Poll: Blacks, Hispanics Most Optimistic that K-12 Schools Prepare Youth for College - Higher Education

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Poll: Blacks, Hispanics Most Optimistic that K-12 Schools Prepare Youth for College

by Ronald Roach

Black and LatinoWASHINGTON – Among U.S. racial and ethnic groups, African-Americans and Hispanics are more likely to say the local K-12 education afforded their children and those of their neighbors are preparing them adequately for college than are Whites and Asian Americans, a new national survey shows.

In a poll undertaken for the Next America project by the National Journal magazine and the College Board, 53 percent of all respondents indicated that the schooling their children receive is sufficiently preparing them for college. Hispanics were the most optimistic about local K-12 education, with 64 percent saying students were being prepared for achieving success in college, compared to 60 percent of African-Americans and 55 percent of Asian Americans. Only 50 percent of Whites said local K-12 schools were adequately preparing children for college.

“First, we see that faith in local schools does persist. A majority of adults said they believed the elementary, middle, and high schools in their area are preparing young people to perform college work successfully,” said National Journal editorial director Ronald Brownstein, noting “strikingly that faith is greater among African-Americans [and Hispanics] than among Whites.”

Last week, the Washington-based National Journal released survey results on American attitudes about education and opportunity from the latest College Board/National Journal Next America poll in a survey series originally launched in 2012. The poll was conducted by Princeton Survey Research Associates, which surveyed 1,271 adults this past March on a range of issues, including education and the economy. The College Board, the Rockefeller Foundation and the Annie E. Casey Foundation funded the poll.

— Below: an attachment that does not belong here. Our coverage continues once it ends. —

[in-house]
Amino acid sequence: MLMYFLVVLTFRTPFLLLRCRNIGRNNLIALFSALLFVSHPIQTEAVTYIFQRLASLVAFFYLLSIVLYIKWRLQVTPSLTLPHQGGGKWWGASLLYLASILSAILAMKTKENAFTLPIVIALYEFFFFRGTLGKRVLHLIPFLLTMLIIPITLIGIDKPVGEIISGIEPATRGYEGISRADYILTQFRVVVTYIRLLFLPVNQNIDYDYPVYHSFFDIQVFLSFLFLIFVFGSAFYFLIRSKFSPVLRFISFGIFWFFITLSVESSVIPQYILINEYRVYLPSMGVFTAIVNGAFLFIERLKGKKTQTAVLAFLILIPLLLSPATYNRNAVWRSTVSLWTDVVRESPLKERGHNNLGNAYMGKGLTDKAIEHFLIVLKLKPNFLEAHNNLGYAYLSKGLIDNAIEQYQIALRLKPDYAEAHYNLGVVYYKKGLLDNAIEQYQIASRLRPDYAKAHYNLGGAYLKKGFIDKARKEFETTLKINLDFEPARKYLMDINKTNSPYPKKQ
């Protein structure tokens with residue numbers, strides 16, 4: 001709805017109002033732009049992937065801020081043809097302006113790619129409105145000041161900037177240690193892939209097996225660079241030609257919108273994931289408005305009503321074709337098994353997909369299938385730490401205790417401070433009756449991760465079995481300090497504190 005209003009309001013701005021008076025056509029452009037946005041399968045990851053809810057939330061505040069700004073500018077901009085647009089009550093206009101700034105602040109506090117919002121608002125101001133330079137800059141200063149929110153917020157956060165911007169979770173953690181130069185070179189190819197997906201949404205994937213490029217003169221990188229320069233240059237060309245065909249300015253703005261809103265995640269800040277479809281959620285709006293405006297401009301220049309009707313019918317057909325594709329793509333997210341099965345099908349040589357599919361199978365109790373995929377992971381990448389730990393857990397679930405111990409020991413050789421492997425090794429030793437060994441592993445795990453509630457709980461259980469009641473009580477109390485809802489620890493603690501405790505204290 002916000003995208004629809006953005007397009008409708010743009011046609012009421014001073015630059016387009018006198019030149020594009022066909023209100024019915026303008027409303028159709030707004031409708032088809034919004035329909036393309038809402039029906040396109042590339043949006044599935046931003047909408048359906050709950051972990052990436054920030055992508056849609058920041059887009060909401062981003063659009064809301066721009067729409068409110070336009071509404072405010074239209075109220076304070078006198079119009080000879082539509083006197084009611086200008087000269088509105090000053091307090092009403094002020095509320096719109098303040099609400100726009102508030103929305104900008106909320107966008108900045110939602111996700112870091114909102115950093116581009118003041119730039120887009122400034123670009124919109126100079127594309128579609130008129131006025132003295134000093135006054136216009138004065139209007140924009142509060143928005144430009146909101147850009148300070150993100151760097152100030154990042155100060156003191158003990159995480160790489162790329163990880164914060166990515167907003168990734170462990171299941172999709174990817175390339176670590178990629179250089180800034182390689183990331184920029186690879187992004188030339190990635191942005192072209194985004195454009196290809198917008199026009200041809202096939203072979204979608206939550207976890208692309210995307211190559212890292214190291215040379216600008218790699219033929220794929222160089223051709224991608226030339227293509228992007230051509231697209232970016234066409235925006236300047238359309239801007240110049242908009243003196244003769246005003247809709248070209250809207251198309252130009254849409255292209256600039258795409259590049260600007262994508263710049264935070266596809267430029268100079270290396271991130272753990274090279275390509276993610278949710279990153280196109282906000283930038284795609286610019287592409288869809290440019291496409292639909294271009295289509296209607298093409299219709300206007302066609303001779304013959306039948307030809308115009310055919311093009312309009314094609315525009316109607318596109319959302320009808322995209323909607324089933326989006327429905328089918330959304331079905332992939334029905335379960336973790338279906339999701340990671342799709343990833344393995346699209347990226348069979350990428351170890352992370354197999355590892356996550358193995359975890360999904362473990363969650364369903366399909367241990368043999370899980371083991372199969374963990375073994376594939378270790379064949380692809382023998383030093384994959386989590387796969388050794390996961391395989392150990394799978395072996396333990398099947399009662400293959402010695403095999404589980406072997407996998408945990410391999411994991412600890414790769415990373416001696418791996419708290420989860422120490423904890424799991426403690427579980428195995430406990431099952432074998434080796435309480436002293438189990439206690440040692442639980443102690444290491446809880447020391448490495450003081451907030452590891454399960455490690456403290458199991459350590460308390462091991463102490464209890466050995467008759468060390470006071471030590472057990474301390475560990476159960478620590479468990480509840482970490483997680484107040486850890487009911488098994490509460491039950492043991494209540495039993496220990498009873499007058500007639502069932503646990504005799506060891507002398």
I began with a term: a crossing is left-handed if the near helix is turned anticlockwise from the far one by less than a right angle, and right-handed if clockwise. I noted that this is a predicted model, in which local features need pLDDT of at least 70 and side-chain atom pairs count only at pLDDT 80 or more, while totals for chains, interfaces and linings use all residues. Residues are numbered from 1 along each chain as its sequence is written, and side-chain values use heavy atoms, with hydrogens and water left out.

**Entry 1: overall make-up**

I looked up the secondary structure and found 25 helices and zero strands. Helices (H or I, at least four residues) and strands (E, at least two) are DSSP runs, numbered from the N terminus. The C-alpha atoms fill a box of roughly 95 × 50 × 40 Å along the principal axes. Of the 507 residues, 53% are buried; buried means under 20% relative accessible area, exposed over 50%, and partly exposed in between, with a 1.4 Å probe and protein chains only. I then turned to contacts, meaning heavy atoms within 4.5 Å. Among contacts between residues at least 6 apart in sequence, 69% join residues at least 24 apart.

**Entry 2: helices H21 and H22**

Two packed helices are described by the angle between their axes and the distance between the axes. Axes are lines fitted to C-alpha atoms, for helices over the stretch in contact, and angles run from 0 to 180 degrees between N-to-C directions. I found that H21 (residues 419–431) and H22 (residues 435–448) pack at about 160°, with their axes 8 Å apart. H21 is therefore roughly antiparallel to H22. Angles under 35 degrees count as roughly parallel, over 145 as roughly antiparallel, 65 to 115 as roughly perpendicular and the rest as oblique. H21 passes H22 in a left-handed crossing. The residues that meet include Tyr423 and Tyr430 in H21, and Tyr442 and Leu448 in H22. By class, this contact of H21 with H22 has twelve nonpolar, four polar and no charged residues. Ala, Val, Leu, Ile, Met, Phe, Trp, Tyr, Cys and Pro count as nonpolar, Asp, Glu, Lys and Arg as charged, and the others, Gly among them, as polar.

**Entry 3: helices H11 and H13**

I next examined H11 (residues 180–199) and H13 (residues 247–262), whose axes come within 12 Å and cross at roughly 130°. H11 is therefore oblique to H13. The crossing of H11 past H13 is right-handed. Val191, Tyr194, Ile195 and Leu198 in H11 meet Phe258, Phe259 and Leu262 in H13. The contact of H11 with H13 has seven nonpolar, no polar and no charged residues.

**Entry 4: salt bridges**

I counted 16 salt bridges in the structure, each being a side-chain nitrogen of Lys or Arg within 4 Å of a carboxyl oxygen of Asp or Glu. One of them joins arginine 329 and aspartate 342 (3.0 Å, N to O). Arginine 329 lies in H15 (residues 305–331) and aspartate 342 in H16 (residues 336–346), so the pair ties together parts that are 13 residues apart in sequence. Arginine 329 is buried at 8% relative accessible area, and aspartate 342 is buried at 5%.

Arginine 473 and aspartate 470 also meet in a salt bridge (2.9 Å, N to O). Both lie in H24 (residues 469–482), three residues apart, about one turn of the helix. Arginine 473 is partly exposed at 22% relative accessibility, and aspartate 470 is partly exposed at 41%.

“Getting to the heart of what we were looking at in this poll, we asked people to reflect on their own educational and employment choices through their lives, and then draw out from that some of the conclusions they [have] about public policy,” Brownstein said last week during “The Next America: Points of Leverage” public forum in downtown Washington at which he presented poll results.

Forum speakers, including U.S. Labor Secretary Thomas Perez, discussed the potential of childhood, teen and young adult interventions for helping disadvantaged youths attain education to become socially and economically productive adults. The need for helping children with early childhood programs and with helping them to develop solid social skills along with academics was emphasized.

Focusing his remarks on the highlights of the College Board/National Journal Next America poll, Brownstein drew attention to poll questions, to which respondents had similar responses across racial and ethnic lines and to a question asked in previous Next America polls.

When asked if they believed their schooling at the high school level had prepared them to do college work successfully, 69 percent of respondents overall said yes. Seventy-one percent of Whites responded with a yes to the question, compared to 67 percent of Hispanics, 64 percent of Blacks and 66 percent of Asian Americans.